Thursday, February 6, 2014

The feeling of pain

As we grow older, our bodies start complaining about pain of some kind or other, as a response to situations, which it does not like any more. A famous quote from a writer rightly describes the old age pain in these words: “When you get up in the morning and realise that there is no pain at all from any part of your body, trust that you are dead.” Leaving aside the humour aspect of this quote, there is a lot of truth in this. Its a daily and universal battle for most of the seniors, who have to manage pain of some kind or other all the time.

Feeling of pain is not something that is only reserved for old people. Each and everyone of us is familiar with this feeling right from our childhood. Some of the specialized pains though appear later in life. Take for example head aches due to sinuses. Since sinuses do not develop in human body till the child is 12 years old or so, sinus pain is not known to children. The Pain, which we feel is essentially of two kinds, physical pain, which occurs due to some external cause or a malfunction of a body organ and the mental agony or heart break that we face due several reasons. But mental pain is caused by stress of some kind and is more in the realm of the psychologists. I am more concerned here  about the physical pain, like head aches, stomach aches or pain in organs like hands or feet caused by multitude of reasons, even physical discomforts. Pain is such a wide spectrum phenomenon that one in five, of the population anywhere, suffers from acute or chronic pain.

There a famous story in Mahabharata, the Indian classic, about Karna, one of the greatest of warriors, who feature in the story.

“ Karna was actually a Kshatriya (Warrior race) by birth but was abandoned by his mother. A fisherman found him and raised him.  Karna however was a born fighter and interested in craft and art of war and was not ready to give up his interest. He decided to learn it from sage Parasurama, the great master of all weapons.  Unluckily for Karna, sage Parasurama had taken a vow to kill all Kshatriyas living on earth and therefore taught only to Bramhins.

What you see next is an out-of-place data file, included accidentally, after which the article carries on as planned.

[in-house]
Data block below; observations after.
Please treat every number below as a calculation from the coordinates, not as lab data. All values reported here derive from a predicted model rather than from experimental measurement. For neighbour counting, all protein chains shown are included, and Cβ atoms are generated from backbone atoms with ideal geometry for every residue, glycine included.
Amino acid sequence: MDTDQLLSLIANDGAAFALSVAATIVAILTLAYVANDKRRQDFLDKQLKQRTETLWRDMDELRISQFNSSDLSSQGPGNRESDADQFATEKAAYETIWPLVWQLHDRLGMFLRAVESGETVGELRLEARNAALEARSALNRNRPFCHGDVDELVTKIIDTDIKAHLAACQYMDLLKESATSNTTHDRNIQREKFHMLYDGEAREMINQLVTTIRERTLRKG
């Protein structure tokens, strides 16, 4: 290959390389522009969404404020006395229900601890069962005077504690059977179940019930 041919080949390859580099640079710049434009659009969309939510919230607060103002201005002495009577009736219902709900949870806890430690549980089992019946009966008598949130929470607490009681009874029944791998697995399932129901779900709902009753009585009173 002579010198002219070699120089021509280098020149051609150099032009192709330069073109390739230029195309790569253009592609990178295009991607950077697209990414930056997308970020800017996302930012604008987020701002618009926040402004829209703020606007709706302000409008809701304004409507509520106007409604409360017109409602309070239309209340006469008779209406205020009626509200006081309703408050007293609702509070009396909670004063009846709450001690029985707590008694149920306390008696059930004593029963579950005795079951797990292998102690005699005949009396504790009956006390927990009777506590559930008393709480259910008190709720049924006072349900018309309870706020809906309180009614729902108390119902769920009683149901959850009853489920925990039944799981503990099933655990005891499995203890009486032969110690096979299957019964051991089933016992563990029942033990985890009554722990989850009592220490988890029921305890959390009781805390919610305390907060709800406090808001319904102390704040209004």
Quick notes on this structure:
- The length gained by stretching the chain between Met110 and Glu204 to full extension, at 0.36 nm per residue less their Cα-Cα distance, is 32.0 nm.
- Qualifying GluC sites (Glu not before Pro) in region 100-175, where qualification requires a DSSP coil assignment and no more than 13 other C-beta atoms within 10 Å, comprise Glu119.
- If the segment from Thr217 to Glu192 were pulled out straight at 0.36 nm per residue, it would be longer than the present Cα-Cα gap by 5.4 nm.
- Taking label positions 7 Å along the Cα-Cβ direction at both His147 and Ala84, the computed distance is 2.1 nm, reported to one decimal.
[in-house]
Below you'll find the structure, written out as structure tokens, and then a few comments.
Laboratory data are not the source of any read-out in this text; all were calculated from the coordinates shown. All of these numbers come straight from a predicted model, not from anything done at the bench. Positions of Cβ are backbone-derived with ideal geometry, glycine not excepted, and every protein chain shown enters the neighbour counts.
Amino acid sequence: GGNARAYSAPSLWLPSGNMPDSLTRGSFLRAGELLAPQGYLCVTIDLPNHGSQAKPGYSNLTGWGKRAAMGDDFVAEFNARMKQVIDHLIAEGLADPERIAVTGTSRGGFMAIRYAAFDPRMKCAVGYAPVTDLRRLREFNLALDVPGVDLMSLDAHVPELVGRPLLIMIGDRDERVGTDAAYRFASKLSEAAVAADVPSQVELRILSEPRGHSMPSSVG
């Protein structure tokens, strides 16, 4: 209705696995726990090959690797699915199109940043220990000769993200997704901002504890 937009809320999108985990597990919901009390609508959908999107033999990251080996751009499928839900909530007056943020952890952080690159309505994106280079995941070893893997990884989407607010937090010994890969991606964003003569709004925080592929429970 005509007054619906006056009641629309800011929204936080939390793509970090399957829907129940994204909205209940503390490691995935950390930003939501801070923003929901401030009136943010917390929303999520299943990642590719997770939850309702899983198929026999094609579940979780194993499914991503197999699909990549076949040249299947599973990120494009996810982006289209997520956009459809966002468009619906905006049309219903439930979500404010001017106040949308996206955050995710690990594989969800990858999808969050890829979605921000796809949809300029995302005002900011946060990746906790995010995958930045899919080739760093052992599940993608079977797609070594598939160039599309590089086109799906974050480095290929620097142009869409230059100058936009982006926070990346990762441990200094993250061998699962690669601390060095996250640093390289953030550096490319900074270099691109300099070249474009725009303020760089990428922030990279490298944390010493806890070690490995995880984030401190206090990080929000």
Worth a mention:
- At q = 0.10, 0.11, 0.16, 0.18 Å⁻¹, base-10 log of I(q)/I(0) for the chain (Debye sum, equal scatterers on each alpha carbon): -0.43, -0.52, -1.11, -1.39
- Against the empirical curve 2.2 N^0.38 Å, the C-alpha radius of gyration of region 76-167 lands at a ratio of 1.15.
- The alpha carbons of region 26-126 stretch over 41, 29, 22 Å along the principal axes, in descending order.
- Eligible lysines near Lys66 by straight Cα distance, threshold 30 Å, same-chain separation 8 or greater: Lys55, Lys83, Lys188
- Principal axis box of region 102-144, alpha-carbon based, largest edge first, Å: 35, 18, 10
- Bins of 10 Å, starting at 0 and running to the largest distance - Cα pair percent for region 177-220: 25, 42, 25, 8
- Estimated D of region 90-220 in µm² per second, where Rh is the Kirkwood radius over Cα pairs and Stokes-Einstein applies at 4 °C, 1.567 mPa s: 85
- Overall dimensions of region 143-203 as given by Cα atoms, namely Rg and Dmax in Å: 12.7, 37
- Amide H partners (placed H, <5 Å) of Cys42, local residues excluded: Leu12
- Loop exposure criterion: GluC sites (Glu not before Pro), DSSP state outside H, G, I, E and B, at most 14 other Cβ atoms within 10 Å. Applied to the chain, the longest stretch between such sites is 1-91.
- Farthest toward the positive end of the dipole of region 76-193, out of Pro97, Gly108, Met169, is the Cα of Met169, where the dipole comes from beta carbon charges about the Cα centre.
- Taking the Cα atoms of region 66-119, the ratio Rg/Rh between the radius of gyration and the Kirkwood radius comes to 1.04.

Karna decided to play a trick to achieve his goal  and approached Parasurama disguised as a Brahmin and politely told him that he was a Bramhin and had  come to learn from him.  Parsuram believed in him and asked him to stay at his hermitage. Karna lived happily at Parasurama’s hermitage. He was his master’s best student and served his guru with utmost sincerity and respect.

However, one day Parasurama was laying down with his head on Karna’s lap and fell asleep soon. A flesh-eating insect bit Karna and started biting his thigh and a wound was formed which was very painful. But Karna did not move at all and bore the pain with fear that his guru might wake up from his rest. He could not brush off the insect without moving his master’s head. So he suffered the killing pain silently. But the blood, which flowed from the would touched Parasurama’s cheek and he woke up. When he saw the blood, he  jumped up and asked Karna about it. Karna then told him the whole thing and  explained, “You would have woken up if I had moved and so I stayed still. I am sorry I could not control the blood oozing out from the wound.

Parasurama was by now very sure of one thing. He knew that  no Brahmin could have suffered such a pain in silence and the boy has to be a Kshatriya. He asked Karna to tell the truth. Karna explained everything honestly. The explanation made Parasurama angry. His favorite pupil’s trick made him furious. He cursed Karna.”